Smart Pointers (2/6): How to Create Our Own Unique Pointer

We’ll write our smart unique pointer class to understand the std::unique_ptr class very well. We have no other intended purpose. Let’s enjoy that and practice our core C++ skills.

We base our functions on the std::unique_ptr class to select our member functions.

In this way, the functions below are enough to create a  basic custom unique pointer class. If more is needed, it can be added whether the intended function exists at the std::unique_ptr class or not.

Additionally, our class provides these features:

  • Has to be generic using a template
  • Has to disable copy constructor and assignment
  • Has to provide their functions for const objects except for the transfer and reset functions.

Okay, all codes will be coded with C++17 standards.

Here is the basic unique smart pointer class:


template < typename T>
class UniquePointer
	UniquePointer(): ptr(nullptr) {};
	UniquePointer(T *ptr_): ptr(ptr_) {};

	UniquePointer(const UniquePointer &u) = delete;
	UniquePointer &operator=(const UniquePointer &u) = delete;

	UniquePointer(UniquePointer && u)
	   this->ptr = u.ptr;
	   u.ptr = nullptr;

	UniquePointer &operator=(UniquePointer && u)
	   this->ptr = nullptr;
	   this->ptr = u.ptr;
	   u.ptr = nullptr;
	   return * this;

           if (ptr != nullptr)
		delete ptr;
		ptr = nullptr;

	T *operator->() const
	  return this->ptr;

	T &operator* ()const
	  return *(this->ptr);

	T* get() const
	  return this->ptr;

	void reset(T *ptr_ = nullptr)
	  T *old = this->ptr;

	  this->ptr = ptr_;

	  if (old) delete old;

	operator bool() const
           if (nullptr != ptr)
		 return true;
		return false;

	void swap(UniquePointer & other)
	  UniquePointer temp;
	  temp.ptr = other.ptr;
	  other.ptr = ptr;
	  ptr = temp.ptr;
	  T * ptr;


If we have a look at the class:
We encapsulated the type of T * pointer named ptr as a private member. That provides ownership.
The two constructors: one of them does not take the pointer and initializes the pointer as a nullptr. The other takes a pointer and initializes the pointer with the parameter.
Copy semantic functions are deleted to avoid copying.
Move semantic functions are defined. Move constructor provides transferring the resource from the unique pointer object u to *this. Then, it stores the null pointer in the object, u.
Move assignment operator function transfers resource from u to *this. This may perform when the unique pointer class exists. That’s why we have to clean the *this’s resource before the transferring.

The destructor deletes the resource if it’s not a null pointer.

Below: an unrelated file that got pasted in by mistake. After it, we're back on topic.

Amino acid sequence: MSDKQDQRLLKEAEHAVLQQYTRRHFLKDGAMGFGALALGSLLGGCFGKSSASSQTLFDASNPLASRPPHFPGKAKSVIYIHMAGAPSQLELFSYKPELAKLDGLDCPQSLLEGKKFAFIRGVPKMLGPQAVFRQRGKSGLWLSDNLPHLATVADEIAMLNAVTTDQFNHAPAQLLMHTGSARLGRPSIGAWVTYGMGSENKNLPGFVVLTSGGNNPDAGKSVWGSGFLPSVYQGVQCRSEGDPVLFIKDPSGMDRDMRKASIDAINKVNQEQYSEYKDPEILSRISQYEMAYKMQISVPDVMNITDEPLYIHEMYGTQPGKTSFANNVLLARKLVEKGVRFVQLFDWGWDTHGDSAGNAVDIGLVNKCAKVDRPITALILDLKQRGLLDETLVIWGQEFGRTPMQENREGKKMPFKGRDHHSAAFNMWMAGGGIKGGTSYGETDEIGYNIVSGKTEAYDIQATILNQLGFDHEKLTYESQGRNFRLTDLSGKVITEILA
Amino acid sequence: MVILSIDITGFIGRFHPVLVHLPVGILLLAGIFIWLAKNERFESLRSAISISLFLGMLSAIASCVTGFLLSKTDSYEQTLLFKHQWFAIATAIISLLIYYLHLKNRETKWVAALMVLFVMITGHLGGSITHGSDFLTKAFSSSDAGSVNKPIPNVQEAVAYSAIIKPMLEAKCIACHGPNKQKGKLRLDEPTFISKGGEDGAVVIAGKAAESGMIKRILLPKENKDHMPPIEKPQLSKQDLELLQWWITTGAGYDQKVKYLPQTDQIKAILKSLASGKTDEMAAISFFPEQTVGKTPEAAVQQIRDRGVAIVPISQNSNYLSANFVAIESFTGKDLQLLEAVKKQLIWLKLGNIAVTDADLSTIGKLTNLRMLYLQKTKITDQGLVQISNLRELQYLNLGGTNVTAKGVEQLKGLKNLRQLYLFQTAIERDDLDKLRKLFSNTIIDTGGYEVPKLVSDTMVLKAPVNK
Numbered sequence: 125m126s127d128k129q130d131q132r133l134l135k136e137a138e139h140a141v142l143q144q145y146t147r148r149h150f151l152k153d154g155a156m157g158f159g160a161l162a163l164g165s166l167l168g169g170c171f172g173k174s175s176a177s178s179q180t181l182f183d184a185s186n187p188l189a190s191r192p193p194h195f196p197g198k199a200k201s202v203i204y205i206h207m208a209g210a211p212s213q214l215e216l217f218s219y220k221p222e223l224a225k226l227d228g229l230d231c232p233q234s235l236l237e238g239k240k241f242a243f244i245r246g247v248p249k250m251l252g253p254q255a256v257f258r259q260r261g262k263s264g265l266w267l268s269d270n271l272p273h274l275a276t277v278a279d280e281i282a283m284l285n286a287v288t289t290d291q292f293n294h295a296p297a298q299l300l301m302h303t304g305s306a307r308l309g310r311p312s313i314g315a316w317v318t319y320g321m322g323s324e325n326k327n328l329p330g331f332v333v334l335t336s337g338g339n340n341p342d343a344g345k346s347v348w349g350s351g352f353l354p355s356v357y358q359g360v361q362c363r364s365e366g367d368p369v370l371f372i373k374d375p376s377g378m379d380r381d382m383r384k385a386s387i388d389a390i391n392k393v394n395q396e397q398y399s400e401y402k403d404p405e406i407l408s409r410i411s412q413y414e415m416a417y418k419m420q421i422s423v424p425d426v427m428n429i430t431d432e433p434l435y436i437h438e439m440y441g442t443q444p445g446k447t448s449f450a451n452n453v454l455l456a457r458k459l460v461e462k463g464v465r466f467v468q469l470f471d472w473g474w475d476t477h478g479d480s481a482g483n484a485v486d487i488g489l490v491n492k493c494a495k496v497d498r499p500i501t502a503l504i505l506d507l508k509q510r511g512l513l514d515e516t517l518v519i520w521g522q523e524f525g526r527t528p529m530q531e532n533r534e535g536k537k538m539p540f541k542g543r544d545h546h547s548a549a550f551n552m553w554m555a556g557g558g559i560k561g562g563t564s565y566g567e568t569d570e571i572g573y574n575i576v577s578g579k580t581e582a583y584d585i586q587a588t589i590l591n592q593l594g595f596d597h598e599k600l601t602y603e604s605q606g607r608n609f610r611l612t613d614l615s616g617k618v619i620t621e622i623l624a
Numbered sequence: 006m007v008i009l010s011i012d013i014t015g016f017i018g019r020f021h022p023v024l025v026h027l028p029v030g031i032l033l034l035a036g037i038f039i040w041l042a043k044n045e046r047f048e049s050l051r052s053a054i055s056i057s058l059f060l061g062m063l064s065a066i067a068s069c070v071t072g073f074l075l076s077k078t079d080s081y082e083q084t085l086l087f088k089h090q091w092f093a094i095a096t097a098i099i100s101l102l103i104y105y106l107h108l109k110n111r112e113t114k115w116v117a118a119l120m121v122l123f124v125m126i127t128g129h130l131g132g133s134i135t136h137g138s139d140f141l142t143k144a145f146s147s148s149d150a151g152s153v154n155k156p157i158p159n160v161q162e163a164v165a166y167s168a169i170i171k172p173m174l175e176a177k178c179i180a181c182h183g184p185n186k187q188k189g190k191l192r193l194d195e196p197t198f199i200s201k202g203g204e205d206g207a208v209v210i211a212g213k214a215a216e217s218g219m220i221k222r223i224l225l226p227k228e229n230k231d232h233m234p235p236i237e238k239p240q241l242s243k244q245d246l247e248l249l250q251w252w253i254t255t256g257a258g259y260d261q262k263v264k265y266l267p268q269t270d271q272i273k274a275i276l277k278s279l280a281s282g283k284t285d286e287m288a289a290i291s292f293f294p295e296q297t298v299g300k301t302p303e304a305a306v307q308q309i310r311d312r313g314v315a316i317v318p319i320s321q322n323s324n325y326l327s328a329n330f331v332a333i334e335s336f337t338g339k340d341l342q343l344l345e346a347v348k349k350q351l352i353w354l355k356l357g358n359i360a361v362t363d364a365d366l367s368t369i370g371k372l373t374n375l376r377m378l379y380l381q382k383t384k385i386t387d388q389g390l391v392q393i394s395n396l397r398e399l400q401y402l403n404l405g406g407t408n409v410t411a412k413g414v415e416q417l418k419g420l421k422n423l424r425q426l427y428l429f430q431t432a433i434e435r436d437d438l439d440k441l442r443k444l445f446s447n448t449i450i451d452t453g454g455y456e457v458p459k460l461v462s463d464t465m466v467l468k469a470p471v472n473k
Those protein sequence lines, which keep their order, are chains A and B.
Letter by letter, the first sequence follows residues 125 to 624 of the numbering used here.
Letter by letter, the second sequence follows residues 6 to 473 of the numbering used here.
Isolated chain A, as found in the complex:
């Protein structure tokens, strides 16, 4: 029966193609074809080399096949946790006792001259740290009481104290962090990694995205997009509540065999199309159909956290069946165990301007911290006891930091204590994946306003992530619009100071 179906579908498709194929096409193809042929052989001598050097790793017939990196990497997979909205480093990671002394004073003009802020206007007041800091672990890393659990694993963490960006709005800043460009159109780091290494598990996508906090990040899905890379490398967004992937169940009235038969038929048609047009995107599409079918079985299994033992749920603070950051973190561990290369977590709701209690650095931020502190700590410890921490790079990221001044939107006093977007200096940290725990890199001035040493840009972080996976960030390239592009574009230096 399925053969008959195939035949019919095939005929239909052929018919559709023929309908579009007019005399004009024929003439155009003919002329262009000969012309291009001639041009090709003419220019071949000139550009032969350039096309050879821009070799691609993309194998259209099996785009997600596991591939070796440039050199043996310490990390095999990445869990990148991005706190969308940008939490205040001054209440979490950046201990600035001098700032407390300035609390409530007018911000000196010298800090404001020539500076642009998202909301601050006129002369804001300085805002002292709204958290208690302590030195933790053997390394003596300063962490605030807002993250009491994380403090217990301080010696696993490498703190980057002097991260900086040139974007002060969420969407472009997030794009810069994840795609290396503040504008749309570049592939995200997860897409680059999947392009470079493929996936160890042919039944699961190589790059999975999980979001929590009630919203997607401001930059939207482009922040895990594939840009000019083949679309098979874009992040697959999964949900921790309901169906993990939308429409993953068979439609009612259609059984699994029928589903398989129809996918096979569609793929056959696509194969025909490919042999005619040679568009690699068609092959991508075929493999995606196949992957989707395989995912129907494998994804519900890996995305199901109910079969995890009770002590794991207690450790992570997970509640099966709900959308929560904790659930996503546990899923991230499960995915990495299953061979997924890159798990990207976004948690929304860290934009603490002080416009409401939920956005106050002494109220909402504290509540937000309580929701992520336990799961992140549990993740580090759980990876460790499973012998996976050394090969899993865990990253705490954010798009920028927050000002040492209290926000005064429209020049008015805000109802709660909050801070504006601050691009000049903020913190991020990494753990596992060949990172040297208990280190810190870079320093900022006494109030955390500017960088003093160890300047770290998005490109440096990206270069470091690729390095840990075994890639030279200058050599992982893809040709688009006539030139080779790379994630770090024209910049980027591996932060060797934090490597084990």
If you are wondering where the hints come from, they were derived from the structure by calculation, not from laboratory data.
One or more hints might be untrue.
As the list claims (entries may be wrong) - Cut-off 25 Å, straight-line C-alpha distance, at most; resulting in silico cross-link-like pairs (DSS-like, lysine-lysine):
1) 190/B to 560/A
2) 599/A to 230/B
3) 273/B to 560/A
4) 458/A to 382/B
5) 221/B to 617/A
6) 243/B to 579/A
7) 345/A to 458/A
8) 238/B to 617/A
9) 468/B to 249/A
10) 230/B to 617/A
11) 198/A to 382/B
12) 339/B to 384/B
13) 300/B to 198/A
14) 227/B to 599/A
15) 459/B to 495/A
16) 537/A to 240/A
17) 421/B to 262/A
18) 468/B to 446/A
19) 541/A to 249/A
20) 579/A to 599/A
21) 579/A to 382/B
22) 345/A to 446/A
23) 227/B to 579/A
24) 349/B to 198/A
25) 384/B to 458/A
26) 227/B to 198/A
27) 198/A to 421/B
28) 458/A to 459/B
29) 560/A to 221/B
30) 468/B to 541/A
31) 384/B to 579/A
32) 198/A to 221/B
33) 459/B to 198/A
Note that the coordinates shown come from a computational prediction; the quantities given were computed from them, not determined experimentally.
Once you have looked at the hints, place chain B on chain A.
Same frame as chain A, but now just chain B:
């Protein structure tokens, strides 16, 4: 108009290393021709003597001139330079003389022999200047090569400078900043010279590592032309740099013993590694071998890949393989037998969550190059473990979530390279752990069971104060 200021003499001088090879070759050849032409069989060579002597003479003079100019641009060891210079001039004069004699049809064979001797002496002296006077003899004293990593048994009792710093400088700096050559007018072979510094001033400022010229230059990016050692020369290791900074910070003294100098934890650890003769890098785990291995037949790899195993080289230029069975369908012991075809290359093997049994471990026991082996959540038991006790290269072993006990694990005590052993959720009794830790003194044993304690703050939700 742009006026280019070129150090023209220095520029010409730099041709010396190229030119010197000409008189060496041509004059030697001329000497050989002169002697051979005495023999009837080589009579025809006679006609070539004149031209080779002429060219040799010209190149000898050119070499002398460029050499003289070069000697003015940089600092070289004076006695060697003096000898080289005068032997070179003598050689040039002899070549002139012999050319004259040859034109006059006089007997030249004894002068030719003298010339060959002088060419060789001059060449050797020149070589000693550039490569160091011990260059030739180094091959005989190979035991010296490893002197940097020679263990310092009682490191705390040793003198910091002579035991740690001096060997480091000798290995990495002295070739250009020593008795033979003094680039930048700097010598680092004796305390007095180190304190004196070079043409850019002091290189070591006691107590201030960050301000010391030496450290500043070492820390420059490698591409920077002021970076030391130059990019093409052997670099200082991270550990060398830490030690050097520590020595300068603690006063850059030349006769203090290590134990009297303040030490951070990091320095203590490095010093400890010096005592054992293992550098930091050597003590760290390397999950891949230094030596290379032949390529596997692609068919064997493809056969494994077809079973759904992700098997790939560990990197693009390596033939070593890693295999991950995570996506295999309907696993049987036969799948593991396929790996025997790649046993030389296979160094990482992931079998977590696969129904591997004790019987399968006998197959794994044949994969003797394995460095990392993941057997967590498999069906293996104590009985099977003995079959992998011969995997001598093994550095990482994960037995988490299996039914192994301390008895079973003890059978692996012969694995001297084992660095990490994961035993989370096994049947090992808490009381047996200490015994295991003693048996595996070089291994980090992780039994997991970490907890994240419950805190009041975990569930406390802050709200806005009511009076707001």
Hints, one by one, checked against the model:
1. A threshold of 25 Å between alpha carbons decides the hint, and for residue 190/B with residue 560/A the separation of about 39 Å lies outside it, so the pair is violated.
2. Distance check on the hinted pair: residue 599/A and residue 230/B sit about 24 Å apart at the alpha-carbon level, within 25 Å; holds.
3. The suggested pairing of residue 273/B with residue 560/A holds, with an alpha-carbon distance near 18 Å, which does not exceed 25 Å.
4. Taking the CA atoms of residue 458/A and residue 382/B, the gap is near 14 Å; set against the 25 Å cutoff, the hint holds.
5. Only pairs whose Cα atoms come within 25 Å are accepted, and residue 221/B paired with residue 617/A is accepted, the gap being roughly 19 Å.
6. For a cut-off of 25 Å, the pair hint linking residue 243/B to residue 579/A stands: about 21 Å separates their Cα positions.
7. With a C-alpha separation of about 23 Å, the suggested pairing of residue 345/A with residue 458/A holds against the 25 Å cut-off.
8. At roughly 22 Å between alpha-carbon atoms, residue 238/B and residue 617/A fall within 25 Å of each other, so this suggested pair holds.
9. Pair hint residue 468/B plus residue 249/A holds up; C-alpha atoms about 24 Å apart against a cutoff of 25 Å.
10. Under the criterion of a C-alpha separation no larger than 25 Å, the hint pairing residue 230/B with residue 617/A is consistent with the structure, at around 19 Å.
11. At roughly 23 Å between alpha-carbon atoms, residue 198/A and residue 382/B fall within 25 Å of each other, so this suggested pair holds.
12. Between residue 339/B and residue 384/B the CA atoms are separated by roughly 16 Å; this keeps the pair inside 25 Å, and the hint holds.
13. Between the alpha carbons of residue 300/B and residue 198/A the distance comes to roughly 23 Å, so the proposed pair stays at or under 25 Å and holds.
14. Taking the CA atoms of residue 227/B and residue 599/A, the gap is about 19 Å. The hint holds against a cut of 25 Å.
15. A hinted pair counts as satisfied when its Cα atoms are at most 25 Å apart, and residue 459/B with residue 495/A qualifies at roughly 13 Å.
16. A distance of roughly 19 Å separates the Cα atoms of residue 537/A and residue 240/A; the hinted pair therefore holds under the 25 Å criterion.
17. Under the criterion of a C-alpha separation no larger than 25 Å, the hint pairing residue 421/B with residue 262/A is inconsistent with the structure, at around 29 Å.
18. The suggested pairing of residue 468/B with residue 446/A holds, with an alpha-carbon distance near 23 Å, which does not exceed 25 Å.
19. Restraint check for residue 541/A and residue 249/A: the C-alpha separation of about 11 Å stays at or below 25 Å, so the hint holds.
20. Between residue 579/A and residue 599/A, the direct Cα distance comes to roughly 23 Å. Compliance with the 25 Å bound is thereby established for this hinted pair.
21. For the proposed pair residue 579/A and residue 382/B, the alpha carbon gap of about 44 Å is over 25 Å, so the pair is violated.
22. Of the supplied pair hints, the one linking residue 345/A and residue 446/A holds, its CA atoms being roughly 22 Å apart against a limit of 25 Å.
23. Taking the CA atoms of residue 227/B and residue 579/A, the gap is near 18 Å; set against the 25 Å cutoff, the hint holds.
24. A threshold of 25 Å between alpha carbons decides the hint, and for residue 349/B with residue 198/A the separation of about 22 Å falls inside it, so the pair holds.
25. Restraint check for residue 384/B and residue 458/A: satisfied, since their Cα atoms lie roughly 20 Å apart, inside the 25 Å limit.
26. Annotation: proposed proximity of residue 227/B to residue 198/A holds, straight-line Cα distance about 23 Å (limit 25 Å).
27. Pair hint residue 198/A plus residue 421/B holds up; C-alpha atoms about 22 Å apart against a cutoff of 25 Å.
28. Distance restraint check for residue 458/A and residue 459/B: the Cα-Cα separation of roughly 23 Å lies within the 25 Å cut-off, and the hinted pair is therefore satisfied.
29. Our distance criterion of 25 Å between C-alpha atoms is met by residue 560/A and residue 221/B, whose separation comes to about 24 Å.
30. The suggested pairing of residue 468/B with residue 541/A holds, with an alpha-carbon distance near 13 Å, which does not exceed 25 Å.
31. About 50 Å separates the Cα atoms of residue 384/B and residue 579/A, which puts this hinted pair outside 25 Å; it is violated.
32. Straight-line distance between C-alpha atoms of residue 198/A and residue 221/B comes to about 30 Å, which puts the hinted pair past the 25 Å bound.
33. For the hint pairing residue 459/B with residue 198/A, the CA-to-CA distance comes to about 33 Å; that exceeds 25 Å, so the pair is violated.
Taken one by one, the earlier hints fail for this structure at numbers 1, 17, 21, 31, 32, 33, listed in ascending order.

Operator-> and operator* provide access to resources owned by *this

The function, named “get” provides access to a resource

The function, named “reset” replaces the managed resource. It takes the new resource pointer as a parameter and its default value is a null pointer that can be invoked without a parameter.

Operator bool function checks if the object owns a resource or not.

The function, named “swap” swaps the resources of *this and other. std::swap function may be used inside the function.

Question: The private member T*ptr is accessible by the move constructor and move assignment functions are also the function of swap. This can access the private data of each other. How can it be possible?

Answer: The access modifiers like the private, work on a class level, not on an object level. These objects, this and others can access each other private data.

Here is the main function where we tested our class inside.

#include <iostream>
#include "uniquepointer.h"
using namespace std;

int main()

	UniquePointer<int> u1(new int(5));
	UniquePointer<int> u2(new int(10));

	cout << " *u1.get(): " << *u1.get() << endl;
	cout << " *u2.get(): " << *u2.get() << endl;


	cout << " *u1.get(): " << *u1.get() << endl;
	cout << " *u2.get(): " << *u2.get() << endl;

	u1 = std::move(u2);
	cout << " *u1.get(): " << *u1.get() << endl;

	if (u1) cout << "u1 resource is existed" << endl;
	if (u2) cout << "u2 resource is existed" << endl;

	UniquePointer<int> u3;
	u3 = std::move(u1);
	*u3 = 20;

	cout << " *u3.get(): " << *u3.get() << endl;

	//    UniquePointer<int> u4 =u3;	// Error: The copy constructor is deleted

	//    const UniquePointer<int> u5;
	//    u5=std::move(u3);	// Error: no viable overloaded '=' because of constness

	cout << "Hi! from  myEmbeddedWorld!" << endl;
	return 0;


*u1.get(): 5
*u2.get(): 10
*u1.get(): 10
*u2.get(): 5
*u1.get(): 5
u1 resource is existed
*u3.get(): 20
Hi! from myEmbeddedWorld!

In the next article, we’ll dive into the standard library’s shared pointer.
See you!

The next article: Smart Pointer (3/6): std::shared_ptr